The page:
Enter Arendt, writing in Reflections on Little Rock that “while the government has no right to interfere with the prejudices and discriminatory practices of society, it has not only the right but the duty to make sure that these practices are not legally enforced”. Excellent. So segregation by law is a problem, but segregation as an expression of the racist attitudes is not a problem because it infringes on the civil liberties of an individual. To be perfectly clear, the freedoms Arendt is so keen to defend are the freedoms to be racist and to act to deprive African-Americans of access to healthcare, education, and housing. Further along in the same article, she writes: “enforced desegregation is no better than enforced segregation”. Arendt uses this principle to explain the resistance to desegregation, writing “the present massive resistance throughout the South is an outcome of enforced desegregation, and not of legal enforcement of the Negroes’ right to vote”.

 

Domenico Losurdo, in Non-Violence: A History Beyond The Myth, helpfully contrasts the invocation of the ethics of responsibility on the parts of both Arendt and the militant activists, writing

 

“… the philosopher [Arendt] maintained that to avoid being complicit in the racists’ moral or physical violence, African-Americans should give up sending their children to schools where they were not welcome. The more radical African-Americans—the militants of Black Power—likewise argued on the basis of the ethic of responsibility. However, rather than sacrificing the rights of their children to attend better schools, or participate in public demonstrations with their parents, they were ready as and when necessary to cross the boundaries of passive resistance in defense of such rights.”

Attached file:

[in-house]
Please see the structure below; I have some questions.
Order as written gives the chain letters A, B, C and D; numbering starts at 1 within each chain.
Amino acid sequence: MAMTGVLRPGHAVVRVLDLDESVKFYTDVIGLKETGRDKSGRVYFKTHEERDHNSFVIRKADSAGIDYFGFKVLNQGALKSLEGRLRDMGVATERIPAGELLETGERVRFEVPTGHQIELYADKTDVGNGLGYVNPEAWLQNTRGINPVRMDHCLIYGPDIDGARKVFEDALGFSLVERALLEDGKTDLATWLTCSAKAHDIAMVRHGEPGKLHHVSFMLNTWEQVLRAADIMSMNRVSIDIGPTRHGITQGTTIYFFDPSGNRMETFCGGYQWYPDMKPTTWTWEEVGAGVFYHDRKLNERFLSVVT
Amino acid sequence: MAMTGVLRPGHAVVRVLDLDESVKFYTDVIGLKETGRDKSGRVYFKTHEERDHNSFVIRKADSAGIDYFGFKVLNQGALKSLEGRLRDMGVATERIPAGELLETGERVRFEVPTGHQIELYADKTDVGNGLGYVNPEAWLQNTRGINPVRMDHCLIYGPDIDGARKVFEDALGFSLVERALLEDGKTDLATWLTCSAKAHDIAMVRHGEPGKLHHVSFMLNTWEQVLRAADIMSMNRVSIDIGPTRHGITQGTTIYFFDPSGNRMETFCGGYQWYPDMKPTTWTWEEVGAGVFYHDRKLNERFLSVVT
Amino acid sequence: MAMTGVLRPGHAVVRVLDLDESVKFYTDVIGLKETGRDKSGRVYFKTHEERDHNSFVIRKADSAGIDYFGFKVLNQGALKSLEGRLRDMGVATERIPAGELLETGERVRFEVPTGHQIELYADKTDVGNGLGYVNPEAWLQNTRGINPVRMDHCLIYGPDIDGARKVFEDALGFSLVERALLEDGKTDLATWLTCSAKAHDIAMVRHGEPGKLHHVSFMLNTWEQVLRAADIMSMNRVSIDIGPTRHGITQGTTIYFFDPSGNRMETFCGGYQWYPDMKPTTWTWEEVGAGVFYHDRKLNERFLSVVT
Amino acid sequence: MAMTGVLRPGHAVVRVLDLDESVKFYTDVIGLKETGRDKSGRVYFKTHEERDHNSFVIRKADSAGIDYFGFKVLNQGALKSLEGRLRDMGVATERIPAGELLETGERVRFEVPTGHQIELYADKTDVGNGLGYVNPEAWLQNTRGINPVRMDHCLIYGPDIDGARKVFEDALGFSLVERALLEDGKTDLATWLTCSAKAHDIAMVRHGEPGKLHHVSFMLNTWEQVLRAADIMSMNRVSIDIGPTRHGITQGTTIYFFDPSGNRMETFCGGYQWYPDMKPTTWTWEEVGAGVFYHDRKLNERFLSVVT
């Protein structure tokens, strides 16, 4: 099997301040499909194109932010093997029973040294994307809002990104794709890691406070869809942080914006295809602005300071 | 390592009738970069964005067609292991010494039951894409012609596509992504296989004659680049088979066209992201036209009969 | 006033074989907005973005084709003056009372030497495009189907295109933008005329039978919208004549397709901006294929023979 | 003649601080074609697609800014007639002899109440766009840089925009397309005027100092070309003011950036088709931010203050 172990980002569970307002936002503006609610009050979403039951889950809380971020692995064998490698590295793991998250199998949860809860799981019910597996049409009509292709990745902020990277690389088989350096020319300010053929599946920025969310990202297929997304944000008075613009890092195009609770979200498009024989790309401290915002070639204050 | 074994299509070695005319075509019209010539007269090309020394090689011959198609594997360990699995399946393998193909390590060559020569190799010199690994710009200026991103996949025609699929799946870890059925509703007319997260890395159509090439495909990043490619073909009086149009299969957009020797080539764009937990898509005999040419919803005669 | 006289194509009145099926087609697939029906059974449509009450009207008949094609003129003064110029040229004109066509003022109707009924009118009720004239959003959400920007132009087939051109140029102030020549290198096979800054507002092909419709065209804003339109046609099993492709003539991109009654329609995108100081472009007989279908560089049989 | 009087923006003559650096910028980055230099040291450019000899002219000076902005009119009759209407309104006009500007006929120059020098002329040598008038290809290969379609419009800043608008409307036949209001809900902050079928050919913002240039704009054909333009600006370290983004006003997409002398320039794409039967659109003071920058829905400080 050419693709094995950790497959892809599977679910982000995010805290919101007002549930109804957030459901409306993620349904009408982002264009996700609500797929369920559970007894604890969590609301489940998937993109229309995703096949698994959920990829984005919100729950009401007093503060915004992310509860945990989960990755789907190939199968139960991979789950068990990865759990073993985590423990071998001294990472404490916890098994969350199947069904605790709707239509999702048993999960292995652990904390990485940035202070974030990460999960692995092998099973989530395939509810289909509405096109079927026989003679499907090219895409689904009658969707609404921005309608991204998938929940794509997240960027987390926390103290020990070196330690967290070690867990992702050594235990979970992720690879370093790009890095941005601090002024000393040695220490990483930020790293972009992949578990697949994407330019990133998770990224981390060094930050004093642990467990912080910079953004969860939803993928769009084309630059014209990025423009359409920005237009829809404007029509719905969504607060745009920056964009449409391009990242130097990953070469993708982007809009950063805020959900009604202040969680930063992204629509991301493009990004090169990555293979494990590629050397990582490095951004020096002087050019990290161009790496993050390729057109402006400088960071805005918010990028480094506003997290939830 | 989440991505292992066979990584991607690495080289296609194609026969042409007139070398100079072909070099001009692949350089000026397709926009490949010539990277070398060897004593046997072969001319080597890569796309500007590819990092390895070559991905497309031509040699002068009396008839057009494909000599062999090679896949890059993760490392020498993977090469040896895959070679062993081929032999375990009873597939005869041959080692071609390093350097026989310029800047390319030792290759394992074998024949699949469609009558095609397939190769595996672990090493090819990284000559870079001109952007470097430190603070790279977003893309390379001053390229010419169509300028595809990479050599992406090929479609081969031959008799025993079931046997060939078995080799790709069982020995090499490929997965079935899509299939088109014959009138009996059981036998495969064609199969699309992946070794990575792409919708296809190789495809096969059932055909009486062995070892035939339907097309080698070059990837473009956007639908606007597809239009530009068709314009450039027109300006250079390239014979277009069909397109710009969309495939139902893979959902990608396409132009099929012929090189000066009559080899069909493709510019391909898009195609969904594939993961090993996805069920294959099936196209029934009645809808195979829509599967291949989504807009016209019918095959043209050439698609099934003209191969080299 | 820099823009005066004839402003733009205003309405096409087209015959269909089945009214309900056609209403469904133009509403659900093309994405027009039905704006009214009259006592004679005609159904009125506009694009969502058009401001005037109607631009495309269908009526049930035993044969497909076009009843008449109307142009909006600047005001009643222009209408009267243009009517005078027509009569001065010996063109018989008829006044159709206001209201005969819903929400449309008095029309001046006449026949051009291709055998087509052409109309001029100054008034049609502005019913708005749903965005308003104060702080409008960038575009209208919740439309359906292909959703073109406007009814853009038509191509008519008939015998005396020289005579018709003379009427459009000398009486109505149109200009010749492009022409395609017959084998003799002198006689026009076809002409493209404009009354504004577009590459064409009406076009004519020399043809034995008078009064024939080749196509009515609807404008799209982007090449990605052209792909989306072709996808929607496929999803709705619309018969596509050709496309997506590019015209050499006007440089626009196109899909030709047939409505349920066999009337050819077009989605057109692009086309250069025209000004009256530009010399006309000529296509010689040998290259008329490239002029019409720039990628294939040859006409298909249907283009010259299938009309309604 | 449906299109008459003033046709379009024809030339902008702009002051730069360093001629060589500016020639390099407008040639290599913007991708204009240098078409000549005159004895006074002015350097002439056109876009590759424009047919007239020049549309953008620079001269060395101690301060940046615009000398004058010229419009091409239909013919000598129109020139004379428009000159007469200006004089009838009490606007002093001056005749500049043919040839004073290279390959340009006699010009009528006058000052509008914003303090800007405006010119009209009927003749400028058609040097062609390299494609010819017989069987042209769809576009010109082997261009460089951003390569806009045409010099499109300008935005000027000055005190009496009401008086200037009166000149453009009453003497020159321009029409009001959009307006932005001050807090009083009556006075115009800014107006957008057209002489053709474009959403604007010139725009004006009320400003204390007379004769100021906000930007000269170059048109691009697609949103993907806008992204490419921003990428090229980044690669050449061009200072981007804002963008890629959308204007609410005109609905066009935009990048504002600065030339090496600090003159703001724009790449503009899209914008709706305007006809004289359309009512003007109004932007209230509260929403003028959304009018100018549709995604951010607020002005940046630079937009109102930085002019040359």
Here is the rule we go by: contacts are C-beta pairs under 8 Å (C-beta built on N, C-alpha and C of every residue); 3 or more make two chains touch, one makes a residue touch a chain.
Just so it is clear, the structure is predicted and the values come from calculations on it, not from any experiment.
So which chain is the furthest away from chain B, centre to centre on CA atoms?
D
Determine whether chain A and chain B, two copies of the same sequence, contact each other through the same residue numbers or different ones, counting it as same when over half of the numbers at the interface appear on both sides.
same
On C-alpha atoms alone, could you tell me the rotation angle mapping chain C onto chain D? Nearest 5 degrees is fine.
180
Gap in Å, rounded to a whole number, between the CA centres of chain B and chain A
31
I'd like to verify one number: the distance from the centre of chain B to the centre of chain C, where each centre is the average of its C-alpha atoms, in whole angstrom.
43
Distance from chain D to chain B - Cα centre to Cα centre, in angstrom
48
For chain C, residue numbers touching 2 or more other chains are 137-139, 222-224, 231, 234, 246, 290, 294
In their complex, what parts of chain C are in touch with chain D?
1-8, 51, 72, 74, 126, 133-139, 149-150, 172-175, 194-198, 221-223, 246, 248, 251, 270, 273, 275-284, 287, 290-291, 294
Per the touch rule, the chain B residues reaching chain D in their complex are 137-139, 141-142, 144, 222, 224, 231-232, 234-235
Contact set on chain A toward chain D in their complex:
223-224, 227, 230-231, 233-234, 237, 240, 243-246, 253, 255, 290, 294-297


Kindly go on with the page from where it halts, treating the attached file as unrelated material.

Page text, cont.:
Arendt’s racism was not, however, reserved just for African-Americans in the USA. Later in her life, Arendt was openly hostile towards the wave of anti-colonial mass movements that attempted to throw off the yoke of colonialism and fought to establish independent nations, writing in On Violence that “The rarity of slave rebellions and uprisings among the disinherited and downtrodden is notorious; on the few occasions when they occurred it was precisely ‘mad fury’ that turned dreams into nightmares for everybody”. Once again, this isn’t a misstep. Arendt often characterised the Third World, composed of former colonies of imperialist powers, as merely an “ideology”, a category not in any proper correspondence with the real world. Distinctions between colonial powers and the colonised melt into thin air while reading Arendt, with her declaring she “cannot possibly agree” with the “Viet Cong terror” or “the terror of the National Liberation Army in Algeria”. And what of the Vietnam War? Well, she opposed it (thankfully), but on the grounds of its burgeoning cost. Does napalm not interfere with the “free expression” of anti-imperialist resistance?